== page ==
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Expert Talks: Ignacio García Magarzo, CEO of ASEDAS

15 May 2019

What does ASEDAS mean for the sector?

ASEDAS represents almost 70% of food retail in Spain. The Association is made up of different types of companies: regional and national; family-run businesses, cooperatives, franchises and listed companies; as well as Spain's two major purchasing centres. All of them show the diversity of the supermarket format and of Spanish food retail. This diversity constitutes a differentiating element of Spanish retail compared with neighbouring countries and guarantees great consumer choice both in ranges and purchasing formats.

What major challenges does the sector face?

The big challenge is summed up in one word: sustainability. This has three aspects: social, economic and environmental. In the first place, we have the challenge of maintaining the social function of the supermarket as a creator of wealth and employment where it operates and also the responsibility of bringing complete, varied, safe and competitively priced foods to all consumers, wherever they live. Secondly, the maintenance of the aforementioned social objectives is only possible with the economic sustainability of the companies that support them. And, thirdly, the contribution of the circular economy is vital in the fight against climate change and in safeguarding the planet's natural resources.

How have spaces devoted to meat products evolved? And spaces for fruit and vegetables?

Fresh products are a fundamental part of supermarkets and, in many cases, determine consumer preferences with regard to whether they go to one supermarket or another. They clearly reflect the transmission of the values of traditional commerce, which is the origin of most of our companies.

Supply side developments are heavily conditioned by the need to respond to the demands of each type of consumer. In this sense, products in supermarkets are available in bulk or loose formats, or as custom-cut items; and fruit, vegetables and meat for self-service. Pre-cut and ready to eat fresh fruit and vegetables are another of the great trends in the Fresh Cut Sector which is constantly growing; the fresh section also makes room for organic products, the same goes for products from local producers, which are increasingly important.

How much space is taken up by the consumption of fresh organic products?

There is an increasing presence of organically produced goods in response to consumer demand. This represents a small percentage compared to traditional agriculture because of its higher price and production is smaller. At this point, we must emphasise that the choice between ecological and traditional production is not determined by nutritional reasons but is related to environmental protection.

Convenience, precooked dishes, ... what do consumers demand?

Clearly, today’s consumer looks for convenience with regard to several aspects: proximity of the supermarket to their home, products which are easy to cook and consume, the possibility of purchasing everything in a single establishment, etc. In any case, we must not forget other factors that are very important in the choice of purchase, such as price and quality.

The commitment to sustainability, what does it mean in the fresh food market?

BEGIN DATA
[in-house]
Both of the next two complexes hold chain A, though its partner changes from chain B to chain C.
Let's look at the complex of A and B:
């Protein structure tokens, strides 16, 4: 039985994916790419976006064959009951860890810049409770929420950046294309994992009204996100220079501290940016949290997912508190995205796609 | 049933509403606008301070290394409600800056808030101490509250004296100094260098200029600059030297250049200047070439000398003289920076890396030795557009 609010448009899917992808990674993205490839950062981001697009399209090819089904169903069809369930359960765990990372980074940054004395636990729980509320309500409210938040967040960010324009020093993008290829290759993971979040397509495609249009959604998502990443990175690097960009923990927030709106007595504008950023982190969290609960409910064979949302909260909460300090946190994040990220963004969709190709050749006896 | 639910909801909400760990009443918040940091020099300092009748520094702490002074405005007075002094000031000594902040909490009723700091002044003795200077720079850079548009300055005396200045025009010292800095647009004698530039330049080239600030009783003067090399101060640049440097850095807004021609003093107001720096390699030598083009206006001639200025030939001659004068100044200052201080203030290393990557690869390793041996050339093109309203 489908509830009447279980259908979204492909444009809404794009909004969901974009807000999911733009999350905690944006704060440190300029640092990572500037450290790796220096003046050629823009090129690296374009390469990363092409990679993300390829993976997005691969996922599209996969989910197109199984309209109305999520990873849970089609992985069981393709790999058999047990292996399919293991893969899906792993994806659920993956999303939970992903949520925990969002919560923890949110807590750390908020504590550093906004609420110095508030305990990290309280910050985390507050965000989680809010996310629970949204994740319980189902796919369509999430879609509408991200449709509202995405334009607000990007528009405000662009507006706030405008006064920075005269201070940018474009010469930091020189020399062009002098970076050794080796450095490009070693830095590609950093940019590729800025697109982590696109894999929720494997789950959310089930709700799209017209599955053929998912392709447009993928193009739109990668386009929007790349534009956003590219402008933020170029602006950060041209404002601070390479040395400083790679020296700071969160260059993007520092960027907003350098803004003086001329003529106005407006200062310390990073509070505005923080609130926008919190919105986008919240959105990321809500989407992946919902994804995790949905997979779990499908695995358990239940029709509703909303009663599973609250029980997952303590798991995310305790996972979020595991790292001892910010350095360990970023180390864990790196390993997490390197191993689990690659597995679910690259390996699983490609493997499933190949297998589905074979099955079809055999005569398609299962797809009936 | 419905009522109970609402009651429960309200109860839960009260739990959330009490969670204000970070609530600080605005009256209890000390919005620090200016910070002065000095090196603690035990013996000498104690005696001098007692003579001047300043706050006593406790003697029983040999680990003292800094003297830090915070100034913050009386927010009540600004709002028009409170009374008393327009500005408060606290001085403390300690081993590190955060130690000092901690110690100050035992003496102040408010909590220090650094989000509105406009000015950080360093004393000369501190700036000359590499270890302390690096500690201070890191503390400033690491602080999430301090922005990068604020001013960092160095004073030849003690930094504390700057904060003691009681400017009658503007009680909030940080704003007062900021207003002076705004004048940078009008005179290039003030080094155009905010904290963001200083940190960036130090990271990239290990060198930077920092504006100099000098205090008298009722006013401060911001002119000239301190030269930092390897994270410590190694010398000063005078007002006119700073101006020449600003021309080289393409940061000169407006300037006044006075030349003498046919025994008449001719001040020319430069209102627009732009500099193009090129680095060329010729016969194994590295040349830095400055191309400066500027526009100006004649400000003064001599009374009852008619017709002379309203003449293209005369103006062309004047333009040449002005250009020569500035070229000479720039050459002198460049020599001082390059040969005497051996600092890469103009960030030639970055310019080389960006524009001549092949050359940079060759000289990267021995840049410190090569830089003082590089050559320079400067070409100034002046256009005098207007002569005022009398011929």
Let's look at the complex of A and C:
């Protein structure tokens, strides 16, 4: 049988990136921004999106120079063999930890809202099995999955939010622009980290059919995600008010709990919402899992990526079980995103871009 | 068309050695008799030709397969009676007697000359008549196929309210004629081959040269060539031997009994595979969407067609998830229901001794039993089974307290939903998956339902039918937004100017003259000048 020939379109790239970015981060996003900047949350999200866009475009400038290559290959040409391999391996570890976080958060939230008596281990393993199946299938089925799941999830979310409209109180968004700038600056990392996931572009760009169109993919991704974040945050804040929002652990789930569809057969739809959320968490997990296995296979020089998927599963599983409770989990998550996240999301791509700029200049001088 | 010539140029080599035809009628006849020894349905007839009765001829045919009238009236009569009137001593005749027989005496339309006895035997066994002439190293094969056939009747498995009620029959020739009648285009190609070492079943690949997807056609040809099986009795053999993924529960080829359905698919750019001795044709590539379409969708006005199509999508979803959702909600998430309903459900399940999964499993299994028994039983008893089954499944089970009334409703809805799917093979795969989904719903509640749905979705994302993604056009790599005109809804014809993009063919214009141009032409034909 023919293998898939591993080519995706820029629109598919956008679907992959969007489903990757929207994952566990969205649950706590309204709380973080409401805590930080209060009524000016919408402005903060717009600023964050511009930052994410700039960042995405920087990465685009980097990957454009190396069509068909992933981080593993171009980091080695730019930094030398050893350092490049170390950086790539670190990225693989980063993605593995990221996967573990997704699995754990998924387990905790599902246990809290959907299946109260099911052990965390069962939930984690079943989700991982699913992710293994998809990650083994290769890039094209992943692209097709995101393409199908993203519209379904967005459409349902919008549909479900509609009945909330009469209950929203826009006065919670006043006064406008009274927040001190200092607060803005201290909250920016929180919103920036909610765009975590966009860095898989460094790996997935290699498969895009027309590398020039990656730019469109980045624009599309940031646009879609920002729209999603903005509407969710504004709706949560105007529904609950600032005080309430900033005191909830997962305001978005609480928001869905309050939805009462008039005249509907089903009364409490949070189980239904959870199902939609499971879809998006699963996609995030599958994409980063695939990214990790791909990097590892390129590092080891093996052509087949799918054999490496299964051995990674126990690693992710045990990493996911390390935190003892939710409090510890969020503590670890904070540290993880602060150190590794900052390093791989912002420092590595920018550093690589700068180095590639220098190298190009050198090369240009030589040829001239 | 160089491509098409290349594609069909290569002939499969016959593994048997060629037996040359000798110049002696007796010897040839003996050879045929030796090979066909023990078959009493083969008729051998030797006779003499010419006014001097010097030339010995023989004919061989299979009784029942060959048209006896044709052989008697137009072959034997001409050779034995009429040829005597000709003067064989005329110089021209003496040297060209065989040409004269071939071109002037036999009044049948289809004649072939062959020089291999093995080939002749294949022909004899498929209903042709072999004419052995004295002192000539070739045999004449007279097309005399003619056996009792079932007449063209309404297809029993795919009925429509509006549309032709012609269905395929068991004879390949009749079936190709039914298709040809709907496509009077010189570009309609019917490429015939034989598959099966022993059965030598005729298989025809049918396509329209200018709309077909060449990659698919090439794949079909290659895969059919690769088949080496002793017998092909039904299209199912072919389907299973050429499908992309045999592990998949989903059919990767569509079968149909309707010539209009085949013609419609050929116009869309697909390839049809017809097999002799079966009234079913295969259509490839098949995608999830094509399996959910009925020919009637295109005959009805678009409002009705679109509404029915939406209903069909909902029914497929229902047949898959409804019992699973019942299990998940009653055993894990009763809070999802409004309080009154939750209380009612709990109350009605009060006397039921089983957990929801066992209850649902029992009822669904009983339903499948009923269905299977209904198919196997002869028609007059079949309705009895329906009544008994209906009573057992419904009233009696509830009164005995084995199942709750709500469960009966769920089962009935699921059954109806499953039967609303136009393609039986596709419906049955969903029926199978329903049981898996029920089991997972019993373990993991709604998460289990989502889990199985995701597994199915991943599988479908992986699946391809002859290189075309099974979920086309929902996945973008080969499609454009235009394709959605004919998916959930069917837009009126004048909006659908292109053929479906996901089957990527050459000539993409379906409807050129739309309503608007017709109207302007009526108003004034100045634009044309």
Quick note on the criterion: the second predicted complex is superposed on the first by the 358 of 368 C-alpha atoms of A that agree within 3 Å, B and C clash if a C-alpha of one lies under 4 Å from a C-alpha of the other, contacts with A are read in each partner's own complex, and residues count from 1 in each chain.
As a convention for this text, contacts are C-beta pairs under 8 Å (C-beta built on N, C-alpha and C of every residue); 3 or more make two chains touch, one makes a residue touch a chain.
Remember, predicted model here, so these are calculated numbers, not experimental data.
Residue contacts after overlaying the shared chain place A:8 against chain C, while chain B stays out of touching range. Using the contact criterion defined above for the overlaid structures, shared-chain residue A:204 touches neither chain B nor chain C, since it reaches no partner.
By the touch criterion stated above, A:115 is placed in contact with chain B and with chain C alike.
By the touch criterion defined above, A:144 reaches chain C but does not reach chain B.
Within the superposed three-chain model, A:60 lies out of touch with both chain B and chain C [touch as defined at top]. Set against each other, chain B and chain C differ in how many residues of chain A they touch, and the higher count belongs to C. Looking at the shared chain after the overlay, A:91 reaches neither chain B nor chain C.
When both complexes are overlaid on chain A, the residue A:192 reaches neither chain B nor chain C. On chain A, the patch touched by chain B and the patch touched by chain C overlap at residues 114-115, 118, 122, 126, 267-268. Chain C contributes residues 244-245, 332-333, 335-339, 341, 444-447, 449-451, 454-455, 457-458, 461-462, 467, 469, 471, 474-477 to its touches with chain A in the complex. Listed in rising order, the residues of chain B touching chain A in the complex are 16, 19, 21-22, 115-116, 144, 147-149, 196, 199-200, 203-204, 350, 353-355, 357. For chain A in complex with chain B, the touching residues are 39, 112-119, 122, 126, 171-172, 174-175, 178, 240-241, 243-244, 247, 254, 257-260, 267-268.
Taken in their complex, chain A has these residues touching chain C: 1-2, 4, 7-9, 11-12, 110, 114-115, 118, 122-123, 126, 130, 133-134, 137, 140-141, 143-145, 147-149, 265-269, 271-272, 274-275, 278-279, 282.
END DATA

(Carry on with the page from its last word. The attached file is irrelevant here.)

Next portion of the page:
The first thing that must be pointed out is that the sustainability of the Agrippa-food chain is the responsibility of each and every one of the links that participate in it. No initiative can succeed in the medium term without everyone's participation and, therefore, it is increasingly important to have a global vision of the chain, to share practices and also the risks involved in its implementation.

Secondly, and going back to the concepts I outlined above, fresh products are very important for the sustainability of the chain as a whole. From food-based retail, we need a strong producer sector with the capacity to serve consumers the products they need to meet their needs. An efficient and competitive Agrippa-food chain also means development for rural areas, in which the local supermarket plays an important structuring role.

Bags, packaging, waste... what are we going to be seeing?

This is a period of change in which to adapt to the circular economy. This involves many challenges: adapting packaging and bags to biodegradable, recyclable and reusable materials, controlling ranges to fight against waste, energy efficiency, clean and efficient transport, etc. There are already many success stories regarding each of these aspects - one of the clearest is that supermarkets were the first businesses to take measures to reduce the use of plastic bags at checkouts - but we must continue moving forward until we reach European Union objectives.

Message to the industrial sector to adapt to retail and consumer requirements.

The main message is the need to encourage collaboration between the different actors in the Agrippa-food chain, including, of course, the industry, so that everyone is involved in finding the best way to serve consumers. In this sense, we must guide innovation, which will be more effective and will be better focused if it is carried out in a cooperative fashion between manufacturers and retail; we must share information, experiences and good practices, as this is the best formula to create beneficial synergies for everyone; we must share the risk involved in any innovation, and, finally, we must be flexible enough to cope with change, which is constant. In this regard, all players that influence consumer retail, including the administration, business associations and all the links in the Agrippa-food chain must be involved.